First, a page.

After all that, you need not stress too much about the stack height of the screws. The 10mm foam padding on the bottom of the load floor has cutouts for each fixing location, so I don't believe there's truly a clearance issue. But if new screws are being installed, may as well do it right.
The GRP is not impervious to damage. This spiderweb crack is damage sustained during shipping, and occurred in two corners. It's only "skin deep" and is not easy to see (or to photograph) unless at the right angle with the right light. Wolfgang Kern has assured me this does not affect the structural integrity of the WTE. But it does show that the Trunk Extension must be handled with respect.

This is the first WTE I received. Somewhere in the USPS system (I'm presuming US Customs), it was smashed into three pieces, and completely re-boxed. Wokeby shipped out a replacement ASAP. After seeing this, I'm not eager to let an auto mechanic touch my Trunk Extension.

The Post Office "owned up" to the damage and left this note inside the box, but jumping through their claims process was an ordeal.

I wasn't exaggerating, the box the WTE ships in is huge. This isn't even the original box -- this is the smaller-sized reboxed-box that the Post Office shuffled the smashed pieces of my first Trunk Extension in to. I seriously don't believe the original box would fit in the car.
eNate said:
As a point of comparison, here's the damage the BMW washers do to the stock stainless steel motor cover panel.
Our 2014 U.S. BEV has a CFRP motor cover panel. It's probably a bit thicker than the stainless steel cover. Wonder why BMW made this change.

Thanks for the very detailed review! Unfortunately, the shipping cost to Honolulu would be prohibitive for such a large box.
alohart said:
...Unfortunately, the shipping cost to Honolulu would be prohibitive for such a large box.

What surprised me is the relatively reasonable shipping cost -- it was the first question I asked, assuming it would be prohibitive for such a bulky international package! A: "The price for shipping to the US no matter where is €54." Now, I should know better than to put a number there because prices go up and exchange rates fluctuate, but that's not such a bad price.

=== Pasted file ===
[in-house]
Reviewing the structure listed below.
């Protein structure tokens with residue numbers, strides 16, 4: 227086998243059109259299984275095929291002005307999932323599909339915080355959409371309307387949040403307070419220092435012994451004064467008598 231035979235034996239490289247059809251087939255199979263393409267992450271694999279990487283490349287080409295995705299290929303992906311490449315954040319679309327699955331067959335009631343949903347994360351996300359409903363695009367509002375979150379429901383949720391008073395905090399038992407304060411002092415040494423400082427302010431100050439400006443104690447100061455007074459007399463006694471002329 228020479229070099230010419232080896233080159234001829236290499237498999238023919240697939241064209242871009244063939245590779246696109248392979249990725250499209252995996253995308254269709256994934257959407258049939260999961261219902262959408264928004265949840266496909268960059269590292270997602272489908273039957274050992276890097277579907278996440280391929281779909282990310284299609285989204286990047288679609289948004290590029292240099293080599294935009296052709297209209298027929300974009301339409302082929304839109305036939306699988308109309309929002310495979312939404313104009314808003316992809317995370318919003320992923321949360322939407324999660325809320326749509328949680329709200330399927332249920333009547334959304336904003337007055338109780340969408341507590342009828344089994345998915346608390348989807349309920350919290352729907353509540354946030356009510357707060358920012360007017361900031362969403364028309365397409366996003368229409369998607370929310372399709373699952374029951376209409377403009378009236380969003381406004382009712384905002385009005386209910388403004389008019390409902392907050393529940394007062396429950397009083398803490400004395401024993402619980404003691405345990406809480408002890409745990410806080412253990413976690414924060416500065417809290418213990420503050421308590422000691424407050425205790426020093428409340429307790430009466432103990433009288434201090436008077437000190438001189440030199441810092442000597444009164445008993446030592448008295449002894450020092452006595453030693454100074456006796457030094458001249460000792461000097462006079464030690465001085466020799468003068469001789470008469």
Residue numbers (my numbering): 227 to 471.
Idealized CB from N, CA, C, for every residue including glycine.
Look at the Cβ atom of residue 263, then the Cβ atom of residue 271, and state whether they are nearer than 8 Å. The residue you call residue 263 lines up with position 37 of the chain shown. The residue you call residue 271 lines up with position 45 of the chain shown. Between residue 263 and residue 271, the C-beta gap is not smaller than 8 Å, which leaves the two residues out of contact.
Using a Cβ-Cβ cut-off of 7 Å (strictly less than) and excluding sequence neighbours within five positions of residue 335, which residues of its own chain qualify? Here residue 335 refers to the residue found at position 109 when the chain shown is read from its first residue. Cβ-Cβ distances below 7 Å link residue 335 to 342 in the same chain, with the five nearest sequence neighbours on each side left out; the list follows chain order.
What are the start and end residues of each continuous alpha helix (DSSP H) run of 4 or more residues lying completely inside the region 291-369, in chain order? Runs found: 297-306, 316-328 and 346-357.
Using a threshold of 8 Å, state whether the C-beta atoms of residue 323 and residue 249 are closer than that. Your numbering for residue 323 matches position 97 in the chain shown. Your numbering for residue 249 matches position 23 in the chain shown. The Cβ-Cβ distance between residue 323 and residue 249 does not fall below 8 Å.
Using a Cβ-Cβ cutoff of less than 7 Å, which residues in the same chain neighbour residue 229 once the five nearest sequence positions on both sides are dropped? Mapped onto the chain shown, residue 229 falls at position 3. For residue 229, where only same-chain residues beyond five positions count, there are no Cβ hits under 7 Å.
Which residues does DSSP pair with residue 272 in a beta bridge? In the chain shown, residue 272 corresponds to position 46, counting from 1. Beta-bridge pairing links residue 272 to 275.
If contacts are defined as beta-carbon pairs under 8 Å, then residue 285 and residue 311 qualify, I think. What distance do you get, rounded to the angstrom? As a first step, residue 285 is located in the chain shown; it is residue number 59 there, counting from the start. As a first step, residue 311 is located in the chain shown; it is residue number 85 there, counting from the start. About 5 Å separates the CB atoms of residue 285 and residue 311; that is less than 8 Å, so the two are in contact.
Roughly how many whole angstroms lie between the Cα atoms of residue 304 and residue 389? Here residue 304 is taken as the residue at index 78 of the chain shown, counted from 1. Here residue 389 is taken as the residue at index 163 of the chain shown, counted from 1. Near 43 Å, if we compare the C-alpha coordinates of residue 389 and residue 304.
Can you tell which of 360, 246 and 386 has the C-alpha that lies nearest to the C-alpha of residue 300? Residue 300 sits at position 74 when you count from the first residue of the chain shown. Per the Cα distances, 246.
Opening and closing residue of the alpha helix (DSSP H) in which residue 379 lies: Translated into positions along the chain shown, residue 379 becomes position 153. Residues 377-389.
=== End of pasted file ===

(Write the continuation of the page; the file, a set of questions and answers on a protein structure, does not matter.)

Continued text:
Since about a week, I've installed the 'trunk extension'. I did notice the piano finish is quite scratch sensitive, but then again, this is a storage compartment under the floor of the boot. The past week I've noticed how nice it is; no more loose cables flying about in the boot or getting wet/dirty in the 'frunk'.

I'm happy with it, it's not cheap, but the car isn't either.
tliet said:
... the piano finish is quite scratch sensitive, but then again, this is a storage compartment under the floor of the boot. ...

True, true. But it's also easy to line it with a trash bag for a little protection, and trash bags come in handy from time to time to contain grimy items or... hold trash?

I noticed a selection of inexpensive lightweight cotton laundry bags that might act as a nice liner. I get your point about this bin being out of sight, but it's not too much hassle to try to keep it looking nice.
I came across a spare random dry cleaners laundry bag stashed in a desk drawer at work. It's 22 inches wide and 28 inches in height, and made of a medium-weight nylon. So not necessarily soft to the touch like cotton, but potentially heavy enough to prevent any pointy edges from scratching the Trunk Extension.

Good news is that this size seems fairly on-target as being ideal, placed over the tire repair kit. Bonus is that it's really easy to lift all the random items out in one heave and keep them contained, and for the most part they go back in in the same manner.

So if you have or are planning on getting a Trunk Extension for your BEV, add a laundry bag to your shopping list -- not just for the scratch protection, but for added utility!

eNate –

Great writeup, thank you for the extensive pictures! (and hoping they're hosted somewhere that won't go offline in a year or two)

Love the design, but a piano black finish? An odd choice for a vehicle's storage compartment.
Mine has been holding up just fine and I use it daily. Very valuable space to have available. I emptied it a few weeks ago and didn't spot any structural or finish issues.

BTW I noticed my photos are not displaying on most browsers due to recent changes in how photos hosted on websites without security certificates are handled. The pics are still there if you have an old copy of Explorer, or if you click on the individual broken photo icons are open in a new tab. I'll have to work on getting a security certificate and editing my photo links.